Women in supply chains: Asking the wrong questions?

María Esther Rivas, head of Bidasem, a small seed company in Mexico that provides small farmers with quality seeds. Corporations now finally seem to realize the importance of women and women-owned businesses in their supply chains. Photo by: X. Fonseca / CIMMYT / CC BY-NC-SA

The debate about the benefits of incorporating women into supply chains is over: the business case has been made, and the questions the development community asks now are important.

Sometimes, however, we’re just asking the wrong questions.

“There is a broadening and deepening recognition on behalf of corporations of the importance that investing in women has on their core business,” Justin Sosne, a senior policy advisor at the U.S. Secretary of State’s Office of Global Women’s Issues, said on Wednesday during an event hosted by the Society for International Development at the IREX headquarters in Washington, D.C.

Sosne — currently on loan to Coca-Cola — explained from the leadership all the way down, corporations across the board now finally seem to realize the importance of women and women-owned businesses in their supply chains.

As businesses and development agencies and organizations operate in this new paradigm, now we need to evaluate how the growing role of women in supply chains can work best for both companies and women, noted Marieme Esther Dassanou, a global specialist in women’s access to finance at the International Finance Corp.

Meet client needs

Recognizing women’s role in supply chains is a step in the right direction, but that doesn’t come without challenges — including the fact that in some industries or locations there remain critical gaps in the ability of women-owned businesses to supply the needed goods or services.

“The needs of the corporation are not going to change because she’s a woman, so what do we do in order to start providing solutions that meet what this client in front of me is asking me for?” Dassanou asked.

She gave the example of an IFC client looking for women-owned enterprises in the truck maintenance, auto parts and engineering fields, where they are nearly nonexistent.

“How do we actually create these types of services locally in order for this to work,” she said.

In some cases where the businesses do exist, the women themselves don’t see that fact as an asset to use in growing their business or finding new buyers, said Liz Whitehead, director of women’s business development at WEConnect International.

“Women aren’t lining up to say yes I’m controlling my company,” she said, adding that often legal and cultural barriers exist that limit women’s ability to access broader opportunities.

Training is also critical in order for businesses to understand their capabilities, and how they align with the needs, regulations and standards of the companies they might supply.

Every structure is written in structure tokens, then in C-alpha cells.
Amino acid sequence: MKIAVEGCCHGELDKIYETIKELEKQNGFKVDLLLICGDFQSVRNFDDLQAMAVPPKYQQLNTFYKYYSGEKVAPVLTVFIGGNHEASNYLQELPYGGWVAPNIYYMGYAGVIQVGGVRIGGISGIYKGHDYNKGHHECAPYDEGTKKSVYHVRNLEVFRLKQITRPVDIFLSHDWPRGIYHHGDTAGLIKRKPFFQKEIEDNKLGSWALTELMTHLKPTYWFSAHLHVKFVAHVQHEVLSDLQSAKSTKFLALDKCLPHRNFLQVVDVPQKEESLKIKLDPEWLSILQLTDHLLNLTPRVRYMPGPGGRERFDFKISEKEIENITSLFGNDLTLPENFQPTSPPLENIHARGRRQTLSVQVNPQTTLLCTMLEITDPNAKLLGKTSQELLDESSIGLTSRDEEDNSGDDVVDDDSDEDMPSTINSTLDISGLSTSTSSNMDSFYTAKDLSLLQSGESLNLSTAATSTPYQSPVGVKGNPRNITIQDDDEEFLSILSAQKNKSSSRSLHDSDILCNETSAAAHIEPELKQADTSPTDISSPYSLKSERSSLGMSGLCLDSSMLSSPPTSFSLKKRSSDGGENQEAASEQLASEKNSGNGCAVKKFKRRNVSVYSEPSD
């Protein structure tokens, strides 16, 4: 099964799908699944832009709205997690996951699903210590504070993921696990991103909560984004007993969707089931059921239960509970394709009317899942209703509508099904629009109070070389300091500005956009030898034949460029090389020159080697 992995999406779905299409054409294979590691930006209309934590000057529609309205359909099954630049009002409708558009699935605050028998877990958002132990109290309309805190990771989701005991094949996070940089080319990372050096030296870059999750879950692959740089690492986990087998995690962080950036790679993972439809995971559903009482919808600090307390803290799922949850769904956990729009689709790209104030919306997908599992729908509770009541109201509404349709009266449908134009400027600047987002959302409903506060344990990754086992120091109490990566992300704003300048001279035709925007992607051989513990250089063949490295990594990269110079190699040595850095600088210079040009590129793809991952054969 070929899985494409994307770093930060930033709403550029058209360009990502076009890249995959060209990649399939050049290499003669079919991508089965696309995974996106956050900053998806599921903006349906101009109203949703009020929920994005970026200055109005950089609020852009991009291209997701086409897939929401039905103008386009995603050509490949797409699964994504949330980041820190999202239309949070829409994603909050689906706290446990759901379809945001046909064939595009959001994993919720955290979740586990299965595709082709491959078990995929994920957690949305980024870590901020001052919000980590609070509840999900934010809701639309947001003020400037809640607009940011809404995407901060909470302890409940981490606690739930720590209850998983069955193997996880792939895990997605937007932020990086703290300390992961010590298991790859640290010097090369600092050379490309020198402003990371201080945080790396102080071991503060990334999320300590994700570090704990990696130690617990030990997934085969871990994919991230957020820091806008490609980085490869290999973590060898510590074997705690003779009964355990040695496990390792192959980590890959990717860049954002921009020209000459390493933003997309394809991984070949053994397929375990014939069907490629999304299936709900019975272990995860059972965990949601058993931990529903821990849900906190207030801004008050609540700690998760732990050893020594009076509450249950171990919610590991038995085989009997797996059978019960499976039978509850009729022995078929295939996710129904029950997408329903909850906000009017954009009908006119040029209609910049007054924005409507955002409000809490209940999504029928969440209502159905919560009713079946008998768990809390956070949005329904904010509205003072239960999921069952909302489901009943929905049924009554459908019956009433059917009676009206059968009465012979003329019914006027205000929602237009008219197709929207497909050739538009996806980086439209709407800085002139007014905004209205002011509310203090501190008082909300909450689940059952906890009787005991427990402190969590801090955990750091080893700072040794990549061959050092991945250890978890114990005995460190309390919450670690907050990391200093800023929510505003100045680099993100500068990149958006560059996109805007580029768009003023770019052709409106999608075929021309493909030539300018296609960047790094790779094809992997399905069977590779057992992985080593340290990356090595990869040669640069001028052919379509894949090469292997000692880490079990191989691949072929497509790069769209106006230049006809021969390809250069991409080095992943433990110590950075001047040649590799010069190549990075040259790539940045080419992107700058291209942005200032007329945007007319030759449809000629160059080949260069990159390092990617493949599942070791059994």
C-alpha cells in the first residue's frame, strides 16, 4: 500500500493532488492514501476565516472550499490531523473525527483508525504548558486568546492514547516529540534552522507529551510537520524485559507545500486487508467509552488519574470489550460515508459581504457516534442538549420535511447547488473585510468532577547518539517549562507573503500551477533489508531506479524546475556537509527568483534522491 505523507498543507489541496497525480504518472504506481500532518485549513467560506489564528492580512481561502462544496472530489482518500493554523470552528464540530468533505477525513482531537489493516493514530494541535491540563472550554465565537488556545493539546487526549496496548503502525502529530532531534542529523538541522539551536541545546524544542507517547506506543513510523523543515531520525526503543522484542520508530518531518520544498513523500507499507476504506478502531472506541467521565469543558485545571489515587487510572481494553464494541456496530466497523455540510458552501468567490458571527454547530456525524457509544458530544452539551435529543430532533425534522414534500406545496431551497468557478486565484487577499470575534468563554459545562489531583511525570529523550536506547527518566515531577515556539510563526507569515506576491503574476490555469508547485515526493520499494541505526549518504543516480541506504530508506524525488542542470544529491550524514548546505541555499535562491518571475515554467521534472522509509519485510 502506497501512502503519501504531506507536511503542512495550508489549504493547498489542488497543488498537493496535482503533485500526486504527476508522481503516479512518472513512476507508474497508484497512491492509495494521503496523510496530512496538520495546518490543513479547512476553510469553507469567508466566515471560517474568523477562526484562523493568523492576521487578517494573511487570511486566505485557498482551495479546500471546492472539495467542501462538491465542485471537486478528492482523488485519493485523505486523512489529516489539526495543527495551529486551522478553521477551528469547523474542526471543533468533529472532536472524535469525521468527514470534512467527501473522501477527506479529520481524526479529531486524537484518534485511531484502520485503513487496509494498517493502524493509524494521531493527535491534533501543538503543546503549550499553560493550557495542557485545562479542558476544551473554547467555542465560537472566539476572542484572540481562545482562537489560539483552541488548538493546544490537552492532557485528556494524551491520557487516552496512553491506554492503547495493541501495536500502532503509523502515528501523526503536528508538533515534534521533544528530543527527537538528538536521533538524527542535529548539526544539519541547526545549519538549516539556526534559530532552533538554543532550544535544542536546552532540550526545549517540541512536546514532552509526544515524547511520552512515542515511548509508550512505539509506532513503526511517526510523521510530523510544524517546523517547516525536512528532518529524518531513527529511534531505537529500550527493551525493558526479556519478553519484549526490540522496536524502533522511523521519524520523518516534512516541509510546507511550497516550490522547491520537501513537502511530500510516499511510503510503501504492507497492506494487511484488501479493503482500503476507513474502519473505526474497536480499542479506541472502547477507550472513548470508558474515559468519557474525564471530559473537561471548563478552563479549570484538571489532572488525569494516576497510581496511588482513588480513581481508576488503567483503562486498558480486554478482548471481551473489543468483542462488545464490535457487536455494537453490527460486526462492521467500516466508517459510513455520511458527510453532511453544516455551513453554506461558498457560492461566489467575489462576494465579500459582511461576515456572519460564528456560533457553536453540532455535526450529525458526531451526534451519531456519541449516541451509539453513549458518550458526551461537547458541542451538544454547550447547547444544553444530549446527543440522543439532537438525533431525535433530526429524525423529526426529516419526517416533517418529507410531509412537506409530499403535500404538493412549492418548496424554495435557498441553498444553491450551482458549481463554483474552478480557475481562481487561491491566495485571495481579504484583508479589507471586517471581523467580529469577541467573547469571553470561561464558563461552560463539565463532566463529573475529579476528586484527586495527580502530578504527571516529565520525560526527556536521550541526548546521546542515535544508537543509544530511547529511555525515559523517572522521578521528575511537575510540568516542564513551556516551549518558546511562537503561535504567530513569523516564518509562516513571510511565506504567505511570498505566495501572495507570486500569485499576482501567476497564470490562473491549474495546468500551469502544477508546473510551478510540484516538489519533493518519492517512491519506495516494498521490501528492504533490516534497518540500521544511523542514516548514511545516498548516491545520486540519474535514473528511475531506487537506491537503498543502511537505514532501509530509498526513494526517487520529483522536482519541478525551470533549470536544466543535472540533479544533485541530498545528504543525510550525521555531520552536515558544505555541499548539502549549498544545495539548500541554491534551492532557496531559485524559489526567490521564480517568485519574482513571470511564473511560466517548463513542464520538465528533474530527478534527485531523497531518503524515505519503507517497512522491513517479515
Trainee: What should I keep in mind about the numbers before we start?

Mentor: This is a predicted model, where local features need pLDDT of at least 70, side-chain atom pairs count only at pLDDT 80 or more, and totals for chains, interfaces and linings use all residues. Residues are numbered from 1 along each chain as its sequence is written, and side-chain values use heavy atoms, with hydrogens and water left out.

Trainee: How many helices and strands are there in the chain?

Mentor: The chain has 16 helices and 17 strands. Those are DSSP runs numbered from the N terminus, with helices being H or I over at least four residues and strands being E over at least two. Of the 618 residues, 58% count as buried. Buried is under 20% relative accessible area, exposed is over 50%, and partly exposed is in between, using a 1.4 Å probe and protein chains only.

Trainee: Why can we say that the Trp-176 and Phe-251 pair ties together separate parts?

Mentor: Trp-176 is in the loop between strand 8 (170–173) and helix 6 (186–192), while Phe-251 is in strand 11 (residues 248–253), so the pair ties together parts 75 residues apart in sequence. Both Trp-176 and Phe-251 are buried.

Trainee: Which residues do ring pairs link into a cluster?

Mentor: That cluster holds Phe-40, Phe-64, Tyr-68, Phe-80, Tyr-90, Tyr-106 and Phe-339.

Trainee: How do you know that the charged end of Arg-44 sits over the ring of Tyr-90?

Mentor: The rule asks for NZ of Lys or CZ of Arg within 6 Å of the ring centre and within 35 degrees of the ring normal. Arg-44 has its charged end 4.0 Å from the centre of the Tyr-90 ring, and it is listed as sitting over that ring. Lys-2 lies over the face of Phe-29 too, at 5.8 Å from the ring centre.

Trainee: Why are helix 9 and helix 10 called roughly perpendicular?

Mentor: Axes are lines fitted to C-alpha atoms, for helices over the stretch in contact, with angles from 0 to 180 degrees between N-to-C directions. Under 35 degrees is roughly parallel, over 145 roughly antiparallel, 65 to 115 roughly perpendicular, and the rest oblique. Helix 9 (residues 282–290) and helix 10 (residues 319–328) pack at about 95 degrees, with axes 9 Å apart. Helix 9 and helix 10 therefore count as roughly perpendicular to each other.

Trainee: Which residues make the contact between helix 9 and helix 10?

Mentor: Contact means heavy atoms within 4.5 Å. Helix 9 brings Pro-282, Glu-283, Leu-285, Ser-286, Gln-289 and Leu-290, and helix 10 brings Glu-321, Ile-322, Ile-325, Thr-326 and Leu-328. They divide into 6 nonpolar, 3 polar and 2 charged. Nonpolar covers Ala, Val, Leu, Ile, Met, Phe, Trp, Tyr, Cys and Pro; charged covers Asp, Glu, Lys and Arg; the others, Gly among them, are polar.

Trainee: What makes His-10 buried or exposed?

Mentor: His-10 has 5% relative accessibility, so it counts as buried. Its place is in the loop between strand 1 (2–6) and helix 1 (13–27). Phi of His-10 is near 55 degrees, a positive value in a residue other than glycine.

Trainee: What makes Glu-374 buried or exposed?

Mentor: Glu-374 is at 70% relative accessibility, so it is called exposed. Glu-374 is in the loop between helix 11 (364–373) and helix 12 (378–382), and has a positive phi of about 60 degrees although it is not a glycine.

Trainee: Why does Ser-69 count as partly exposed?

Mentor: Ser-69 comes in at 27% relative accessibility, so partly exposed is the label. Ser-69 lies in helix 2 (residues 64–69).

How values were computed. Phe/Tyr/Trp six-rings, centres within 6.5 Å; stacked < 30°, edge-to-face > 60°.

“While the political will may be there to source from women the devil is in the details in many ways,” Sosne said, adding that women should adhere to a company’s policies for the deal to make sound financial sense.

Encourage, but don’t force the issue

Development organizations, Dassanou pointed out, can help understand value chains and where women can be involved in order to help companies meet their internal goals, and in some cases local content requirements.

She added that the role of women doesn’t necessarily need to be legislated: “What we don’t also want to do is to put a certain burden on companies that would push them away from involving women in the first place anyway.”

Instead, organizations can help companies fulfill existing requirements with women-owned businesses. That’s what WEConnect does, and Whitehead explained that women are integral to achieving goals in a sustainable way.

“I don’t think its always necessary to silo women as if they’re not a part of these other goals,” she said.

Too often these women and women-owned businesses are treated differently, discussed differently and their success is measured differently, Whitehead said. While identifying appropriate metrics is important and can be challenging, you need ask the right questions.

“What would we ask male-owned businesses?,” she said. “When you look at the list of Fortune 500 companies, you’re not like, but are those guys happy? You know, how are they spending their money? It’s a metric. It’s numbers.”

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About the author

  • Adva Saldinger

    Adva Saldinger is an Associate Editor at Devex, where she covers the intersection of business and international development, as well as U.S. foreign aid policy. From partnerships to trade and social entrepreneurship to impact investing, Adva explores the role the private sector and private capital play in development. A journalist with more than 10 years of experience, she has worked at several newspapers in the U.S. and lived in both Ghana and South Africa.